One of the my highly esteemed spiritual writers told a story that I think you’ll like.  It is a true story.  He writes –

“Shortly after I was ordained, I took a graduate course at Duquesne University in Pittsburgh.  The professor was an old Dutchman who told the following story:  “I’m one of the thirteen children.  One day when I was playing in the street of our hometown in Holland, I got thirsty and came into the pantry of our house for a glass of water.  It was around noon and my father had just come home from work to have lunch.  He was sitting at the kitchen table having a glass of beer with a neighbor.  A door separated the kitchen from the pantry and my father didn’t know I was there.  The neighbor said to my father, ‘Joe, there’s something I’ve wanted to ask you for a long time, but if it’s too personal, just forget I ever asked.’ ‘What is your question?’


“’Well, you have thirteen children.  Out of all of them is there one that is your favorite, one you love more than all the others?’”

The priest continued his story:  “I had my ear pressed against the door hoping against hope it would be me. ‘That’s easy,’  my father said.  ‘Sure there’s one I love more than all the others.  That’s Mary, the twelve year old. She just got her braces on her teeth and feels so awkward and embarrassed that she won’t go out of the house anymore.  Oh, but you asked about my favorite.  That’s my twenty-three year old Peter.  His fiancee just broke their engagement, and he is desolate.  But the one I really love the most is little Michael.  He’s totally uncoordinated and terrible in any sport he tries to play.  The other kids on the street make fun of him.  But, of course, the apple of my eye is Susan.  Only twenty-four, living in her own apartment, and developing a drinking problem.  I cry for Susan.  But I guess of all the kids…’ and my father went on mentioning each of his thirteen children by name.”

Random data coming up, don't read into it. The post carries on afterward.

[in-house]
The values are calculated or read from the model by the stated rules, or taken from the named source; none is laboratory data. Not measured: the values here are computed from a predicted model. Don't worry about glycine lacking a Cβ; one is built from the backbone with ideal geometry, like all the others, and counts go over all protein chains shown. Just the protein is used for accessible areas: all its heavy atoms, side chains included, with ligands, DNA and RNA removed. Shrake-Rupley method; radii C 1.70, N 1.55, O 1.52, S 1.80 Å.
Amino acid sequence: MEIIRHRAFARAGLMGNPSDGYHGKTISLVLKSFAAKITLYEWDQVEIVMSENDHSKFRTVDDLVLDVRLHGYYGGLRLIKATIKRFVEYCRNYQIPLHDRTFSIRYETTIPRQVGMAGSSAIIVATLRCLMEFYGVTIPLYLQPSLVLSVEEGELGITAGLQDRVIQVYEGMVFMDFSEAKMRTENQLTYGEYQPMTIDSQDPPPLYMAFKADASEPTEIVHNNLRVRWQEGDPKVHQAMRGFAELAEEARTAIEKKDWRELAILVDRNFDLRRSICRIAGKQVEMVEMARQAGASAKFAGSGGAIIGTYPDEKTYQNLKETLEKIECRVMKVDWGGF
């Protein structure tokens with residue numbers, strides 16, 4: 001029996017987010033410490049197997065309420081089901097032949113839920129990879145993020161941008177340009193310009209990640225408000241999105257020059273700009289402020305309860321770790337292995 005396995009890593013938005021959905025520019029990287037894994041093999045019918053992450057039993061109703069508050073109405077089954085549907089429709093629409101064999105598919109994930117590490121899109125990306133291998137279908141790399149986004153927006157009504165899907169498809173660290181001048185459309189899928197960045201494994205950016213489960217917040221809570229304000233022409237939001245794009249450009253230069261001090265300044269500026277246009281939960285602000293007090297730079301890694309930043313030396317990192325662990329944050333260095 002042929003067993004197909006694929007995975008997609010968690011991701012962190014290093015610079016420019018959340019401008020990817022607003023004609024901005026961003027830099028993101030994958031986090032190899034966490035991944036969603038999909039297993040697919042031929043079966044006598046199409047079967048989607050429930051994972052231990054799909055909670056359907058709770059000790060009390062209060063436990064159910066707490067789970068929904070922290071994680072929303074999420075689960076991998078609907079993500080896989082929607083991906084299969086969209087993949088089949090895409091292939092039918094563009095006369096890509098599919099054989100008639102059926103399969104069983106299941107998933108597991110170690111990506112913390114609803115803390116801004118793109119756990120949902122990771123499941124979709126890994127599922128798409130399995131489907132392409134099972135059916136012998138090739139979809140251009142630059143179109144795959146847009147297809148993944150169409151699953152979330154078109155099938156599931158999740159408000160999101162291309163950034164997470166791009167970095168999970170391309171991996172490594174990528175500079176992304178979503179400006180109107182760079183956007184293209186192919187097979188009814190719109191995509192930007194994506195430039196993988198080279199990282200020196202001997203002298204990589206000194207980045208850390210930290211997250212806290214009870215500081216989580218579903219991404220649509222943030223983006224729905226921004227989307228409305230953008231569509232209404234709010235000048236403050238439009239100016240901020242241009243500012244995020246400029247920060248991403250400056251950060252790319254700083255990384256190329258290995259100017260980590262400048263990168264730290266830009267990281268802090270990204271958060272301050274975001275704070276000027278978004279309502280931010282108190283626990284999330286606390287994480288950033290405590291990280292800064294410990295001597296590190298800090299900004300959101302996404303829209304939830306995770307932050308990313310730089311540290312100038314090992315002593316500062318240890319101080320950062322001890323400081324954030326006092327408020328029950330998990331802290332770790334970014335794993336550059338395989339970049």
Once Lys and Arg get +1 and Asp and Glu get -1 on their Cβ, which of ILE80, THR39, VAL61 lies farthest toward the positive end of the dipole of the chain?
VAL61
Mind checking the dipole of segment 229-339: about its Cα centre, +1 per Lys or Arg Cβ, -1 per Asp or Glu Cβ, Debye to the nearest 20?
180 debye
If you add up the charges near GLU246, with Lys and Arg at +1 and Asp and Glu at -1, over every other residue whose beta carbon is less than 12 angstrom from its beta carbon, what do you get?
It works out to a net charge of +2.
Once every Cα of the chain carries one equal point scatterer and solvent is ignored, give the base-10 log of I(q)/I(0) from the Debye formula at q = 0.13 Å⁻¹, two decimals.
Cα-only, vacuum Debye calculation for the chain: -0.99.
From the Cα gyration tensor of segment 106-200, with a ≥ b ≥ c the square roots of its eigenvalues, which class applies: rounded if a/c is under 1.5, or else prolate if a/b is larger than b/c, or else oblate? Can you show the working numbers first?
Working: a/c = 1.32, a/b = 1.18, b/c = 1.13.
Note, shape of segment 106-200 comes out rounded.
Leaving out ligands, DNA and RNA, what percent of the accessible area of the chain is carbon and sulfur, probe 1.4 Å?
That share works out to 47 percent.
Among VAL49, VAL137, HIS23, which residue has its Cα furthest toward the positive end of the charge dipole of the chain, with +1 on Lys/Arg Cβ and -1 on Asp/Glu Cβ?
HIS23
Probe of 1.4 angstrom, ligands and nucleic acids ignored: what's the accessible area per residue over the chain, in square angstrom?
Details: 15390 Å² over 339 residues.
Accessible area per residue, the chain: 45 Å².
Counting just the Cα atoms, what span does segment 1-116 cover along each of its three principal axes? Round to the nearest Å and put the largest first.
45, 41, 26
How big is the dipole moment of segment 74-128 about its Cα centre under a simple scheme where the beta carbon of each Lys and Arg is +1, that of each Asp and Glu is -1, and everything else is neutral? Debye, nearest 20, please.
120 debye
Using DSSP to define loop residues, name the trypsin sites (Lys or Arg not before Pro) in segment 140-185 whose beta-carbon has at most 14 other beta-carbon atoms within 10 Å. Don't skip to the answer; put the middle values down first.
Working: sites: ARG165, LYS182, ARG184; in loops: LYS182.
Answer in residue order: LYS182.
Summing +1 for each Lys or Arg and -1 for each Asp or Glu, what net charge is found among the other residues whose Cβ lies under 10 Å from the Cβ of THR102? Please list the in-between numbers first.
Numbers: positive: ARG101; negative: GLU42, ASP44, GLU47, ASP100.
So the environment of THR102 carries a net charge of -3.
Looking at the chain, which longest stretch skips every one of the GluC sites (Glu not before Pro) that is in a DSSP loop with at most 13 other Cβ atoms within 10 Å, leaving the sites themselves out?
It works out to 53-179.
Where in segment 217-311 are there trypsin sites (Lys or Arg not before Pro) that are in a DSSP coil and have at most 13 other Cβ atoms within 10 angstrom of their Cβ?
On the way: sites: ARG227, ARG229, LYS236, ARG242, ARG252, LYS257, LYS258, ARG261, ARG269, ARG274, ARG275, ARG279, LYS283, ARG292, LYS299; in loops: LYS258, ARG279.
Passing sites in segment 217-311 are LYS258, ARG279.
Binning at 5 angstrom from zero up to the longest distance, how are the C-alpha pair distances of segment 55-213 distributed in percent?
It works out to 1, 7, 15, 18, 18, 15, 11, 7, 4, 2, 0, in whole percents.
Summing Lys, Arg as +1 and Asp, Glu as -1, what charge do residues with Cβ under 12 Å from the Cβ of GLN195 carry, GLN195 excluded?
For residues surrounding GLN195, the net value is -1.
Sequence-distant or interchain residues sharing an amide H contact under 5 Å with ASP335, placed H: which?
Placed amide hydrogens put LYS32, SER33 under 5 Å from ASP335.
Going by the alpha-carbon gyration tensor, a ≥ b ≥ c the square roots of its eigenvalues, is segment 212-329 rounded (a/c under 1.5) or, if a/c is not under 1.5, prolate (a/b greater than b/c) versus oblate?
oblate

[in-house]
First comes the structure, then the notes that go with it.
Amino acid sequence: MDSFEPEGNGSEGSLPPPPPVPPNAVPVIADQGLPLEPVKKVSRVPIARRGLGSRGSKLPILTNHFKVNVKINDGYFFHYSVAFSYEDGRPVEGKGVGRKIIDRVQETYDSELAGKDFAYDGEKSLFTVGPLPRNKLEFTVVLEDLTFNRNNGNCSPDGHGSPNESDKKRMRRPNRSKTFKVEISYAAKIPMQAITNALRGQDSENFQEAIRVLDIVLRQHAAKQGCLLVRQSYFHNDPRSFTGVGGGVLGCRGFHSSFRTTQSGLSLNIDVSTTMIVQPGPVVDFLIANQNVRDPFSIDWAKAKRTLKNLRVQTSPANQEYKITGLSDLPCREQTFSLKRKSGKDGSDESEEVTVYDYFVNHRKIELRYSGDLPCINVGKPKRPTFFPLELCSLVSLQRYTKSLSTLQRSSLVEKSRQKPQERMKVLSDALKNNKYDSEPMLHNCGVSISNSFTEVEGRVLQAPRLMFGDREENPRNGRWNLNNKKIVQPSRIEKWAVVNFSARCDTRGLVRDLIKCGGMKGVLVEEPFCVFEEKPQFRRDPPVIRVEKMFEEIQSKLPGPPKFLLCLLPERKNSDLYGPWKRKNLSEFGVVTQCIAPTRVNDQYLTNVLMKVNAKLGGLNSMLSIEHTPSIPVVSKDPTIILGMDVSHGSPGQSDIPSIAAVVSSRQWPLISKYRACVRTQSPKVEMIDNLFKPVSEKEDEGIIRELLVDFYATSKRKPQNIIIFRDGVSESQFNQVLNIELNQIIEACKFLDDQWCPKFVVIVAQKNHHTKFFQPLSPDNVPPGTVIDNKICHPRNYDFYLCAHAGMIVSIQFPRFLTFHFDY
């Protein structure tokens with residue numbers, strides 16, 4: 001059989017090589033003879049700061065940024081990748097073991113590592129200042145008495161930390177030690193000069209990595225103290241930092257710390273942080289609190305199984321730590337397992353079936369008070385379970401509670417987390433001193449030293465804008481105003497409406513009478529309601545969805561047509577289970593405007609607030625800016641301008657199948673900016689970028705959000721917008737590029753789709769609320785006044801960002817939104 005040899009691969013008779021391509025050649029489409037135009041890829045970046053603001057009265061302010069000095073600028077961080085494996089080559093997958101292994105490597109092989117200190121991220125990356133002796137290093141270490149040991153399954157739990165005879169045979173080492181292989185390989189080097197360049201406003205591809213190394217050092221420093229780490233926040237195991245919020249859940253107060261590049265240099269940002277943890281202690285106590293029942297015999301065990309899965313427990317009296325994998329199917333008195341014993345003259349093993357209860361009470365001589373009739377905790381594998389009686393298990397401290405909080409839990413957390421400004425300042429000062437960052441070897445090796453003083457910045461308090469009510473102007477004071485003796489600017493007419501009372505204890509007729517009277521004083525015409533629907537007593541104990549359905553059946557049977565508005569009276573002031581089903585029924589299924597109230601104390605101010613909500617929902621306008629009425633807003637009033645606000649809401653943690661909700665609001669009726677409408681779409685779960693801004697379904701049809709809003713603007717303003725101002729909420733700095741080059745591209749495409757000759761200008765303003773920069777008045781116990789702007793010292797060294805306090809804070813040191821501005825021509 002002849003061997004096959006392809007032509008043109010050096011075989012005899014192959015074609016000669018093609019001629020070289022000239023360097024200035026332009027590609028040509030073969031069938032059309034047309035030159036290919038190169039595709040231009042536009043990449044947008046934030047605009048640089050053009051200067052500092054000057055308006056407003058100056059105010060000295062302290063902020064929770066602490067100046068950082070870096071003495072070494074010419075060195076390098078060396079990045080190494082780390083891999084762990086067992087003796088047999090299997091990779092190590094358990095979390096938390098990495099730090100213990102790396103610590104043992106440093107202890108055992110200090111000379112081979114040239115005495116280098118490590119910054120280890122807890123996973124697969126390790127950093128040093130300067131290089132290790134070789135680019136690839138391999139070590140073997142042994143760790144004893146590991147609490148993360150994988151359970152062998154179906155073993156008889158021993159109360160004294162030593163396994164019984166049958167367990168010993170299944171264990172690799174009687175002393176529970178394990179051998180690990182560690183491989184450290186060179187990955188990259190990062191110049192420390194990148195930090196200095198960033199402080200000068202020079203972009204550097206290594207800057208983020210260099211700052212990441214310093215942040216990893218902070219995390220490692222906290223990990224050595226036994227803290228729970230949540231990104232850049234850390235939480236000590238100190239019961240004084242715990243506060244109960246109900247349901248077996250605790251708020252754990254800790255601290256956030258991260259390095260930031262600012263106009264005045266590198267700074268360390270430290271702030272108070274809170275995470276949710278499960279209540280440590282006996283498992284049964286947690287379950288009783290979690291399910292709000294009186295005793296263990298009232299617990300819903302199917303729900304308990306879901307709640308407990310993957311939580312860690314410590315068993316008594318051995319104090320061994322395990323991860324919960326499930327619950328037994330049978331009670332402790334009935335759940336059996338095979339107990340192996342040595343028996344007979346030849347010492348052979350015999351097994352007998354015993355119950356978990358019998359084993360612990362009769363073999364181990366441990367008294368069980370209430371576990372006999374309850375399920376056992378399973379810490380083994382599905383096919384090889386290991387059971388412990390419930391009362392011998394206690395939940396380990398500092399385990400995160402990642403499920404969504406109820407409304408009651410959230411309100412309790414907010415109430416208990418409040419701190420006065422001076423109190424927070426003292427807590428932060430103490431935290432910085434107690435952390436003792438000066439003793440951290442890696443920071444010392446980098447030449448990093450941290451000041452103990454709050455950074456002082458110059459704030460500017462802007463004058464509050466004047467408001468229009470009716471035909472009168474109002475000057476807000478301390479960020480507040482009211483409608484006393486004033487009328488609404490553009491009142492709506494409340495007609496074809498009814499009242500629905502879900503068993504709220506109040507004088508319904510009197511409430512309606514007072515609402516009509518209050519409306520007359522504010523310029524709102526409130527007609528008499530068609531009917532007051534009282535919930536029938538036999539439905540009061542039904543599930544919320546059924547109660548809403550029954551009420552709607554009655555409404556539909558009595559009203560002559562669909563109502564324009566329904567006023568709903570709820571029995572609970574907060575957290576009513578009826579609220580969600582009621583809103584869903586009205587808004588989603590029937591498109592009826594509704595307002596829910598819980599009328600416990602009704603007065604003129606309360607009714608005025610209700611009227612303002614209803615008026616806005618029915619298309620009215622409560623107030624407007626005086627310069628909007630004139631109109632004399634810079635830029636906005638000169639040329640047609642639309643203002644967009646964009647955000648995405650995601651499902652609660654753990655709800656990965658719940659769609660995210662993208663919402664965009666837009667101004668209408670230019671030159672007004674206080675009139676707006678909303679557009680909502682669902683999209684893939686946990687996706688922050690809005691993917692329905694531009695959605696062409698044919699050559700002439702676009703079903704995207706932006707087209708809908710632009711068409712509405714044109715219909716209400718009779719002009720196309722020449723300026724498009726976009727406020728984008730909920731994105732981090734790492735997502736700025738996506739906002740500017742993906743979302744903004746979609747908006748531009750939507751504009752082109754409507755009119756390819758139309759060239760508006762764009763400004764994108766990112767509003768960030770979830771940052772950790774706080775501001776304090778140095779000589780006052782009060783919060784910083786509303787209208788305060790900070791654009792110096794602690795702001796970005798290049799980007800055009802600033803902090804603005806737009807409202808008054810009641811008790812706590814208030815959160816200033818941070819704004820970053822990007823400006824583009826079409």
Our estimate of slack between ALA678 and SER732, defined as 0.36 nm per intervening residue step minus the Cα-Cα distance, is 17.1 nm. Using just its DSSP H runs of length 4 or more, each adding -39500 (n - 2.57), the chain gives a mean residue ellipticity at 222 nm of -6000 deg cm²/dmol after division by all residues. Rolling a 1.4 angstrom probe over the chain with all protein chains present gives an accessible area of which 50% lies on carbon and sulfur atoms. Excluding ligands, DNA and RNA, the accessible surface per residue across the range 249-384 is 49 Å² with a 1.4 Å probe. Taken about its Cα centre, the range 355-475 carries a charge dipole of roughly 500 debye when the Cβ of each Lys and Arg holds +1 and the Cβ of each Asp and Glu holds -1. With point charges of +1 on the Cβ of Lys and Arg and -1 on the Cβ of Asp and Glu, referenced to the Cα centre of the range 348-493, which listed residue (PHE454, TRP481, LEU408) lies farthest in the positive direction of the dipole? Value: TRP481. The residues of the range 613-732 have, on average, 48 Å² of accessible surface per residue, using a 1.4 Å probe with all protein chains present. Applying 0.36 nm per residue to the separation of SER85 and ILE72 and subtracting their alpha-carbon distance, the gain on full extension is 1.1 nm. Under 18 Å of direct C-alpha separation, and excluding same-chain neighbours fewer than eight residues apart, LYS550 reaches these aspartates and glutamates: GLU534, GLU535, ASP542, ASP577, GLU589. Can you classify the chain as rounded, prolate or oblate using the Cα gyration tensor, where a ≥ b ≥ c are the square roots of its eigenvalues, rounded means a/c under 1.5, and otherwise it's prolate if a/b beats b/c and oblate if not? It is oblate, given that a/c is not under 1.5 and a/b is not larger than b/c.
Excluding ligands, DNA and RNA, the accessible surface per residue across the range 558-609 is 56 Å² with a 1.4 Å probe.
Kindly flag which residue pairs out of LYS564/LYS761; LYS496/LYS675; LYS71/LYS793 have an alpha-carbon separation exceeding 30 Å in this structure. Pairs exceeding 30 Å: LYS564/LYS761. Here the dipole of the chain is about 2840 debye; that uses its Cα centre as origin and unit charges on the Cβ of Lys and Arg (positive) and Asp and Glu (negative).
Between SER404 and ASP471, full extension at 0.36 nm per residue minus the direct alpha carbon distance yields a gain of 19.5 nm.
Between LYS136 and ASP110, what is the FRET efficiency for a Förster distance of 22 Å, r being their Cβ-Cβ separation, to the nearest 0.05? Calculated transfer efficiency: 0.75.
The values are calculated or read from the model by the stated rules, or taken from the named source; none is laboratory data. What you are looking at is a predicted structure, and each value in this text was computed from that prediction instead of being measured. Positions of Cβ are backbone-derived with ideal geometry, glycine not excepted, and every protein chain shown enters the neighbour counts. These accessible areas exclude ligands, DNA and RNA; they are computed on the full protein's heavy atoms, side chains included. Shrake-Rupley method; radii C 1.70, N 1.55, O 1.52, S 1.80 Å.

The professor ended his story saying:  “What I learned was that the one my father loved most was the one who needed him most at that time.  And that’s the way the Father of Jesus is.  He loves those most who need Him the most, who rely on Him, depend upon Him, and trust Him in everything.  Little He cares whether you’ve been pure as St. John or as sinful as Mary Magdlene.  All that matters is trust.  It seems to me that learning how to trust God defines the meaning of Christian living.  God doesn’t wait until we have our moral life in order before He starts loving us.”

It is this love that enables us to love ourselves without excuses and without questioning.  In living out being-loved, we move beyond the oppressive demands we impose on ourselves.  Today I will not should on myself.  I don’t have to be this or that…

God’s love frees us from all self-concern and enables us to relate to people with warmth, ease, sympathy, and liberating love. [/restrict]